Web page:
Mobile Data Collection: A Leapfrog Technology for Health Improvement
“For too long, the world’s information (and the world’s tools for collecting and understanding and using that information) was limited to the richer countries. Now the world has changed so much that a tool created in Kenya can benefit gorillas in Uganda, mothers in Central America, school children in Zambia, and a hospital in Washington DC. And all because of these common miracles—the Internet and the mobile phone that are binding us together as never before.” ~ Joel Selanikio, “Mobile Phones and the Power of Data Collection”
Many typical data collection methods such as telephone interviews and email or online surveys are not broadly feasible in lower-resourced countries, where landline infrastructure and Internet connectivity may be patchy or absent. Mobile technologies are creating a “leapfrog” effect—jumping over earlier stages of infrastructure and technology development completely, rather than waiting for them to catch up. For example, many health organizations around the world are using mobile phones to collect vital health information to design, evaluate, and make adjustments to their programs.
- The International Federation of the Red Cross (IFRC) used volunteer interviewers equipped with mobile phones and EpiSurveyor software in the fight against malaria in Nigeria.
- Internews recently completed an EpiSurveyor survey of information needs among refugees in the Dadaab refugee camps in Northern Kenya.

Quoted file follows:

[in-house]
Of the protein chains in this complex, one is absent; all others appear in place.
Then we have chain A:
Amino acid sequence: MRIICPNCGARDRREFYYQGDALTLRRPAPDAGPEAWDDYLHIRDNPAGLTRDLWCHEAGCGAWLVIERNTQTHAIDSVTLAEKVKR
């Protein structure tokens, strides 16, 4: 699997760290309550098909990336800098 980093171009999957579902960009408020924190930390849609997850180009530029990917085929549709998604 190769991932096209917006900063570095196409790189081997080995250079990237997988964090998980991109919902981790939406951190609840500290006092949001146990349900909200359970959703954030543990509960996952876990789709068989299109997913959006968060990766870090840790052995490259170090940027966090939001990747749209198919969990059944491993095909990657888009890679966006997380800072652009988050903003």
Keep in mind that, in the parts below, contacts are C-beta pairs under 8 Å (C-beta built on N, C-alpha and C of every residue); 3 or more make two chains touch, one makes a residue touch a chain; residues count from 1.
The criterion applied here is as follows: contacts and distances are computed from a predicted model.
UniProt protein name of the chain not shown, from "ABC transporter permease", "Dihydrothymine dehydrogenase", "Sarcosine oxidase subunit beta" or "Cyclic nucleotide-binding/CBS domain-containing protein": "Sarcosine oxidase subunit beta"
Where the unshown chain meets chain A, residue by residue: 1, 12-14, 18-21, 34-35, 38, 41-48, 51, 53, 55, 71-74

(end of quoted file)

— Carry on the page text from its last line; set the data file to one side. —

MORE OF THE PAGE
- Data collectors in Peru used the software system for HIV analysis work among indigenous populations.
- A Management Sciences for Health (MSH) team in Malawi piloted the free version of EpiSurveyor in a malaria supervision project. (A detailed report on MSH’s March 2010 pilot outlines some of the advantages and disadvantages of the free system.)
A team of programmers in Kenya developed the EpiSurveyor system, which can be used on major brands of phones including Nokia, Samsung, BlackBerry, and Sony Ericsson. The web site lists specific phone models which have been tested or are in beta testing. The site also features a 10-minute video on how to create a form and collect data using the system.
Dr. Joel Selanikio, formerly of the US Centers for Disease Control and Prevention (CDC), and technologist Rose Donna, formerly of the American Red Cross, founded DataDyne (the company that created EpiSurveyor) in 2003. The United Nations Foundation and the Vodafone Foundation provided initial funding for DataDyne.
Heard of something new and exciting in technology for global public health? Share it here! Contact firstname.lastname@example.org.